The inter-related economy

Date posted: June 26, 2012

One of the benefits of studying economics is learning about how the many parts are connected. Most people understand this from a supply point of view. For example, Company A purchases supplies from Company B, which in turn buys from Company C. But do we see this same kind of connectedness in the job market? N.C. State University economist Mike Walden responds.

“Well, we do …, and we see it in one way that I think most people would be familiar with and in another way that they’re less familiar with. And let’s continue with your example. Let’s say that a new technology company moves to the local area. Clearly that company is going to have jobs. It’s going to have jobs in that company. But that company is probably going to buy some supplies from already existing companies in the area. So, that means those suppliers are going to see an increase in their sales, and they may as a result have to add some employment. So you can clearly see from a supplier point of view there’s interconnectedness there.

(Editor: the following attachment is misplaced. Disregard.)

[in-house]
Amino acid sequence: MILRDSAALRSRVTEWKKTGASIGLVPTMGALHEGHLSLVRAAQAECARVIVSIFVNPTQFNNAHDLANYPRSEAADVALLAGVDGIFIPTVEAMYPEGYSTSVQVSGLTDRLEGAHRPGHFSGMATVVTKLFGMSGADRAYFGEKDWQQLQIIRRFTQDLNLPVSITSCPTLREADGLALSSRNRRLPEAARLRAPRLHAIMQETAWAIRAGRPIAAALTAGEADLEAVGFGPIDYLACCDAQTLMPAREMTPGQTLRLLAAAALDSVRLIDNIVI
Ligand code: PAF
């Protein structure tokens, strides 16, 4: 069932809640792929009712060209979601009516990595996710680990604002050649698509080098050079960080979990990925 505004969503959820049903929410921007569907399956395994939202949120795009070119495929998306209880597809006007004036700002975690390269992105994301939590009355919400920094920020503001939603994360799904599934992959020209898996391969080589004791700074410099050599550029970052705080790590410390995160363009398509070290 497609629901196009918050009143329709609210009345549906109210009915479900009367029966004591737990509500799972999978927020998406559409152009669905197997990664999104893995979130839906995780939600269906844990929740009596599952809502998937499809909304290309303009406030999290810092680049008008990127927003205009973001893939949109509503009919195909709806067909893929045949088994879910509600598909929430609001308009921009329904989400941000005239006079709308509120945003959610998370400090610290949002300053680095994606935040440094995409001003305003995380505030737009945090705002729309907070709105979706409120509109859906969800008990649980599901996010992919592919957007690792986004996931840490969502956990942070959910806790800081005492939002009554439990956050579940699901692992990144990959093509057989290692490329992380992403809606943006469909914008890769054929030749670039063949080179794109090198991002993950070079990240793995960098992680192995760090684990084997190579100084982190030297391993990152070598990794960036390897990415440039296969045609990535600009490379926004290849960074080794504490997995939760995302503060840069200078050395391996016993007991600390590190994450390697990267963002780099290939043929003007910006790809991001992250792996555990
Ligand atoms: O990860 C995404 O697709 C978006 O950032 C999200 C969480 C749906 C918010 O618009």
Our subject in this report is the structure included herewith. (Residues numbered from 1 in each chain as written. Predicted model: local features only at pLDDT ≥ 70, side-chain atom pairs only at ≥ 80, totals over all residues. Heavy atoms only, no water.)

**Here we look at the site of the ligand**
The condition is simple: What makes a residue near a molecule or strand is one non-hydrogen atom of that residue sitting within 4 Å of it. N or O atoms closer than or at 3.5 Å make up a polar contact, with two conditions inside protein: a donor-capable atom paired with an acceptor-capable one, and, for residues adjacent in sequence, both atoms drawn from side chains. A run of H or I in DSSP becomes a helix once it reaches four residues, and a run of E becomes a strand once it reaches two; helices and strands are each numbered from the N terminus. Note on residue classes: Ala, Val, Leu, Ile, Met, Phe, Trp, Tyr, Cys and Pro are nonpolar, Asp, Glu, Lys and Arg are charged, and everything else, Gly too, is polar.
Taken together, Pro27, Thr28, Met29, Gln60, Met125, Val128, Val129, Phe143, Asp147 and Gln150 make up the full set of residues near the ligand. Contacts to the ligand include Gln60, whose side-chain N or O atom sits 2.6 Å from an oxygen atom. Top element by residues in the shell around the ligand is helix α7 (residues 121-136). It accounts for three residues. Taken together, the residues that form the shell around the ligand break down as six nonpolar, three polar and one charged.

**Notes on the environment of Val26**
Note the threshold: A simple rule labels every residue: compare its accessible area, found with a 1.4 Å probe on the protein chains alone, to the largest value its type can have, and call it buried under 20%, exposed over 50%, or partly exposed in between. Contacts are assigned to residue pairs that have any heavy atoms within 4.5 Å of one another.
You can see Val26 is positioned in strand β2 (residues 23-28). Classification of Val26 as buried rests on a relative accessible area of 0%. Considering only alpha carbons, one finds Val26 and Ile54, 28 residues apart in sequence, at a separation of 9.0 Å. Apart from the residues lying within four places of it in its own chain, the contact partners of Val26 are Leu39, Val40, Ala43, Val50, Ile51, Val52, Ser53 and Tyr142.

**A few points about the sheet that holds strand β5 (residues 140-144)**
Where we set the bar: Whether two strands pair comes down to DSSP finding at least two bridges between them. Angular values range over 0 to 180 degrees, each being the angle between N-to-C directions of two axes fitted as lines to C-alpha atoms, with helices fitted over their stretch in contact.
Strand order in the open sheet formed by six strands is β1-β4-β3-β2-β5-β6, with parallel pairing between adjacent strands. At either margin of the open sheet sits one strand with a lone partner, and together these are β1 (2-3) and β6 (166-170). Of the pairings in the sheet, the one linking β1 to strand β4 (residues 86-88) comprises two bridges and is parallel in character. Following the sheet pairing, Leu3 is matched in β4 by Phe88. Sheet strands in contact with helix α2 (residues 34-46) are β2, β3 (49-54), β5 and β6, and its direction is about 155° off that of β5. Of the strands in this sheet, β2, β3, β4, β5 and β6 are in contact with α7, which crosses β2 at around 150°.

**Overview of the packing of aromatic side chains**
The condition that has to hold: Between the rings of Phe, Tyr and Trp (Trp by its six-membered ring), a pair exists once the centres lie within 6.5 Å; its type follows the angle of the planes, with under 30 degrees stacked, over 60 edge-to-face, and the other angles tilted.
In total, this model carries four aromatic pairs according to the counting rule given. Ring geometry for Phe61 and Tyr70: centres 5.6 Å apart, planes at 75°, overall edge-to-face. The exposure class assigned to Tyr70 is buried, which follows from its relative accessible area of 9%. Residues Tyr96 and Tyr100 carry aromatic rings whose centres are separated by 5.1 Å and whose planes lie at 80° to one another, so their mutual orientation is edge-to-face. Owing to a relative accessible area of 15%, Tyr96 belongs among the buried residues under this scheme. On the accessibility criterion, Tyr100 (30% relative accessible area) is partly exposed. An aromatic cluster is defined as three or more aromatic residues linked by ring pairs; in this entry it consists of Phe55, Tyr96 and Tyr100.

“But here’s another way that perhaps people don’t realize there’s interconnectedness. You bring in that new tech company, which brings in some workers, and they have income. They’re going out and spending that income. They’re going to go to the grocery stores, the malls, shopping centers. They’re going to spend a lot of that income in the local economy. That is going to generate other kinds of jobs — retail jobs, personal spending jobs, et cetera.

“And actually … it’s very interesting. Research has shown that salaries for those supporting jobs — those retail jobs, those personal service jobs — tend to be higher in areas where those jobs being prompted by a new company that pays very high salaries to their workers.

“So, that’s showing you another level of interconnectedness, which … is very much a benefit of studying economics.”

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